(c) (1) A person convicted of violating subdivision (a) or (b) shall be punished by imprisonment in a county jail not to exceed one year, or by a fine not to exceed seven thousand five hundred dollars ($7,500), or by both the above imprisonment and fine, and the court shall order the defendant to perform a minimum of community service, not to exceed 400 hours, to be performed over a period not to exceed 350 days, during a time other than the person’s hours of employment or school attendance. However, a person shall not be convicted of violating subdivision (a) based upon speech alone, except upon a showing that the speech itself threatened violence against a specific person or group of persons and that the defendant had the apparent ability to carry out the threat.
(2) Up to two thousand five hundred dollars ($2,500) of any fine received pursuant to paragraph (1) shall be placed in the Trial Court Trust Fund and may be used, upon appropriation of the Legislature, to fund classes or programs on racial or ethnic sensitivity, or other similar training in the area of civil rights, as provided in paragraph (1) of subdivision (a) of Section 422.85.
(d) Conduct that violates this and any other law, including, but not limited to, an offense described in Article 4.5 (commencing with Section 11410) of Chapter 3 of Title 1 of Part 4, may be charged under all applicable provisions. However, an act or omission punishable in different ways by this section and other provisions of law shall not be punished under more than one provision, and the penalty to be imposed shall be determined as set forth in Section 654.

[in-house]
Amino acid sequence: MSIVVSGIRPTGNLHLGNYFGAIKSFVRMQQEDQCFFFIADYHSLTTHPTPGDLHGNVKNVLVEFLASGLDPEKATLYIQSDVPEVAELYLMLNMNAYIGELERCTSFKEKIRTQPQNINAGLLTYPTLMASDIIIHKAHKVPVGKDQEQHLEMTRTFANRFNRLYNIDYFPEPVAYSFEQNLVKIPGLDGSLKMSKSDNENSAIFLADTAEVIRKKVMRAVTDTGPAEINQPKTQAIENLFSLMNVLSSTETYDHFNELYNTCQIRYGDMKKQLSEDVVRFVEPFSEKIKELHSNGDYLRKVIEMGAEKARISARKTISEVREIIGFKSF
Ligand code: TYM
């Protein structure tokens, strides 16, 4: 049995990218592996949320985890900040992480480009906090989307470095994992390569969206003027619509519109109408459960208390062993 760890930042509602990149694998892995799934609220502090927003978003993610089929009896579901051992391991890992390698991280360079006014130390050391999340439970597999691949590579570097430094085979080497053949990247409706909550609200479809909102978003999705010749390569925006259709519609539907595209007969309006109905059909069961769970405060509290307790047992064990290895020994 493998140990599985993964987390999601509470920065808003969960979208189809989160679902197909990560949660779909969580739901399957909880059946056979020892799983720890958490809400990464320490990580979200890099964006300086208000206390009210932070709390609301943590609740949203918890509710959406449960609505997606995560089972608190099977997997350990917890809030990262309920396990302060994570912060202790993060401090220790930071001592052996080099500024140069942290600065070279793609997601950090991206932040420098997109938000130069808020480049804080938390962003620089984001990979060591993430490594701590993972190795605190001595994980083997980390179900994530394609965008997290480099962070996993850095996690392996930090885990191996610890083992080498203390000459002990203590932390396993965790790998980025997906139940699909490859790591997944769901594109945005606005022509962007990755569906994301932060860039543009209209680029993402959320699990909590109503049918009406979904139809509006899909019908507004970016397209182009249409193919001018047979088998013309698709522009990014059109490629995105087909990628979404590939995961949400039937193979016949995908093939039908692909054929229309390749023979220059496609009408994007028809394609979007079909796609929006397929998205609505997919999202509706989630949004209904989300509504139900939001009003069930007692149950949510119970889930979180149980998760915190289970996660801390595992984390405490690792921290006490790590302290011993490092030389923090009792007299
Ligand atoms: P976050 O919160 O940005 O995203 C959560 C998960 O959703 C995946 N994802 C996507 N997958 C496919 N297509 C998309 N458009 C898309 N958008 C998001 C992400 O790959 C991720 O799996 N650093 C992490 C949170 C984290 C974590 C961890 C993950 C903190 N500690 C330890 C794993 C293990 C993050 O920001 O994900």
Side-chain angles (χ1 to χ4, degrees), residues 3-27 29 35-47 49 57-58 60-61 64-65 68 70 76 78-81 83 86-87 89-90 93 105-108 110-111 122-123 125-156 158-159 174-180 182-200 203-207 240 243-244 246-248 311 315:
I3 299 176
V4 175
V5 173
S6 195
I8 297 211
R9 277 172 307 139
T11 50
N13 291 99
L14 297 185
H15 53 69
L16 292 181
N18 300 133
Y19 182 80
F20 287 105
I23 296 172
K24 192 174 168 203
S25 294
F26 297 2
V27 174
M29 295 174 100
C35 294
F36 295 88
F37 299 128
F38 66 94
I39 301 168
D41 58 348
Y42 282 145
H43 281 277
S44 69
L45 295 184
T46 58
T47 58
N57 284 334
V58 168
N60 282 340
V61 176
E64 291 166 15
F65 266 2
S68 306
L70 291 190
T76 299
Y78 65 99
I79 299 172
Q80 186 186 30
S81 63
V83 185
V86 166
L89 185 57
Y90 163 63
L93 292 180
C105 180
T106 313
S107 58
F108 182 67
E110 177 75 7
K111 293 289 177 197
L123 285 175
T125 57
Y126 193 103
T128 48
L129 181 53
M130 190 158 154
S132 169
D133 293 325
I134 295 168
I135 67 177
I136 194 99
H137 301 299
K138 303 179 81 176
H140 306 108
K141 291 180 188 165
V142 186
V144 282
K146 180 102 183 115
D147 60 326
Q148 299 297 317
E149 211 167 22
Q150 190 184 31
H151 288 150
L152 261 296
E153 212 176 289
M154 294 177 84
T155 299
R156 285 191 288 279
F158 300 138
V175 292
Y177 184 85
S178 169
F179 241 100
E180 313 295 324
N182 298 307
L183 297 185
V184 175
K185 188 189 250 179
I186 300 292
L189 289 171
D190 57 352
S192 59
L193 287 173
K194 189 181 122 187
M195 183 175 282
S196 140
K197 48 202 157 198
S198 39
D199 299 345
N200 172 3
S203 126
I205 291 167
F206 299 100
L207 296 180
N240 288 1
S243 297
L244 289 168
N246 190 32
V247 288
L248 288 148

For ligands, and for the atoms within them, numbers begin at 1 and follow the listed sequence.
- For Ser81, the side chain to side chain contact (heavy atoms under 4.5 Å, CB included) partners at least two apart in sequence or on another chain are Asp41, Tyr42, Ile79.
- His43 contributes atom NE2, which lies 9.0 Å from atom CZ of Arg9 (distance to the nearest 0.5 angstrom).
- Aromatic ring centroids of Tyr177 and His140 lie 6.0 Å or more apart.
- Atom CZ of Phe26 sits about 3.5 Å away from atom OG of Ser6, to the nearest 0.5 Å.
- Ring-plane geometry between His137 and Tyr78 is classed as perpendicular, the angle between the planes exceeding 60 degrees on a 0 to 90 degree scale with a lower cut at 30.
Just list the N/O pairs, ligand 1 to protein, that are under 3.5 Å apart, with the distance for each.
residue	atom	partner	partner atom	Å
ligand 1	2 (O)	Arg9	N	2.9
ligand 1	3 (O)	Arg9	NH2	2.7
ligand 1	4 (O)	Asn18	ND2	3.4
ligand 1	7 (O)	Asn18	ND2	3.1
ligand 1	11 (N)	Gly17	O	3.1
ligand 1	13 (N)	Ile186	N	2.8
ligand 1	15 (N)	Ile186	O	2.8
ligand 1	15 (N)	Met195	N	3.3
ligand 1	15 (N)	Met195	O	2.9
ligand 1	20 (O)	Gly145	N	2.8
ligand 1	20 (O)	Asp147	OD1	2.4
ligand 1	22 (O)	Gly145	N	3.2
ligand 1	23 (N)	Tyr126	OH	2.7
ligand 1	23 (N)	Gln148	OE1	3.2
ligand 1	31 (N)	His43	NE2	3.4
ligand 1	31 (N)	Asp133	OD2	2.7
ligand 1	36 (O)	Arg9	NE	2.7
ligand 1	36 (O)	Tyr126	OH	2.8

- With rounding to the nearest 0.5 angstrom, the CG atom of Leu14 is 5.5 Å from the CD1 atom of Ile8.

SEC. 3.SEC. 2.

 Section 422.7 of the Penal Code is amended to read:

422.7.
 (a) Except in the case of a person punished under Section 422.6, a hate crime that is not made punishable by imprisonment in the state prison shall be punishable by imprisonment in a county jail not to exceed one year, or by imprisonment pursuant to subdivision (h) of Section 1170, or by a fine not to exceed twelve thousand five hundred dollars ($12,500), or by both that imprisonment and fine, if the crime is committed against the person or property of another for the purpose of intimidating or interfering with that other person’s free exercise or enjoyment of any right secured by the Constitution or laws of this state or by the Constitution or laws of the United States under any of the following circumstances, which shall be charged in the accusatory pleading:
(1) The crime against the person of another either includes the present ability to commit a violent injury or causes actual physical injury.
(2) The crime against property causes damage in excess of nine hundred fifty dollars ($950).
(3) The person charged with a crime under this section has been convicted previously of a violation of subdivision (a) or (b) of Section 422.6, or has been convicted previously of a conspiracy to commit a crime described in subdivision (a) or (b) of Section 422.6.
(b) Up to two thousand five hundred dollars ($2,500) of any fine received pursuant to subdivision (a) shall be placed in the Trial Court Trust Fund and may be used, upon appropriation of the Legislature, to fund classes or programs on racial or ethnic sensitivity, or other similar training in the area of civil rights, as provided in paragraph (1) of subdivision (a) of Section 422.85.

SEC. 4.Section 422.87 of the Penal Code is amended to read:
422.87.

(a)Each local law enforcement agency may adopt a hate crimes policy. A local law enforcement agency that updates an existing hate crimes policy or adopts a new hate crimes policy shall include, but not be limited to, all of the following:

(1)The definitions in Sections 422.55 and 422.56.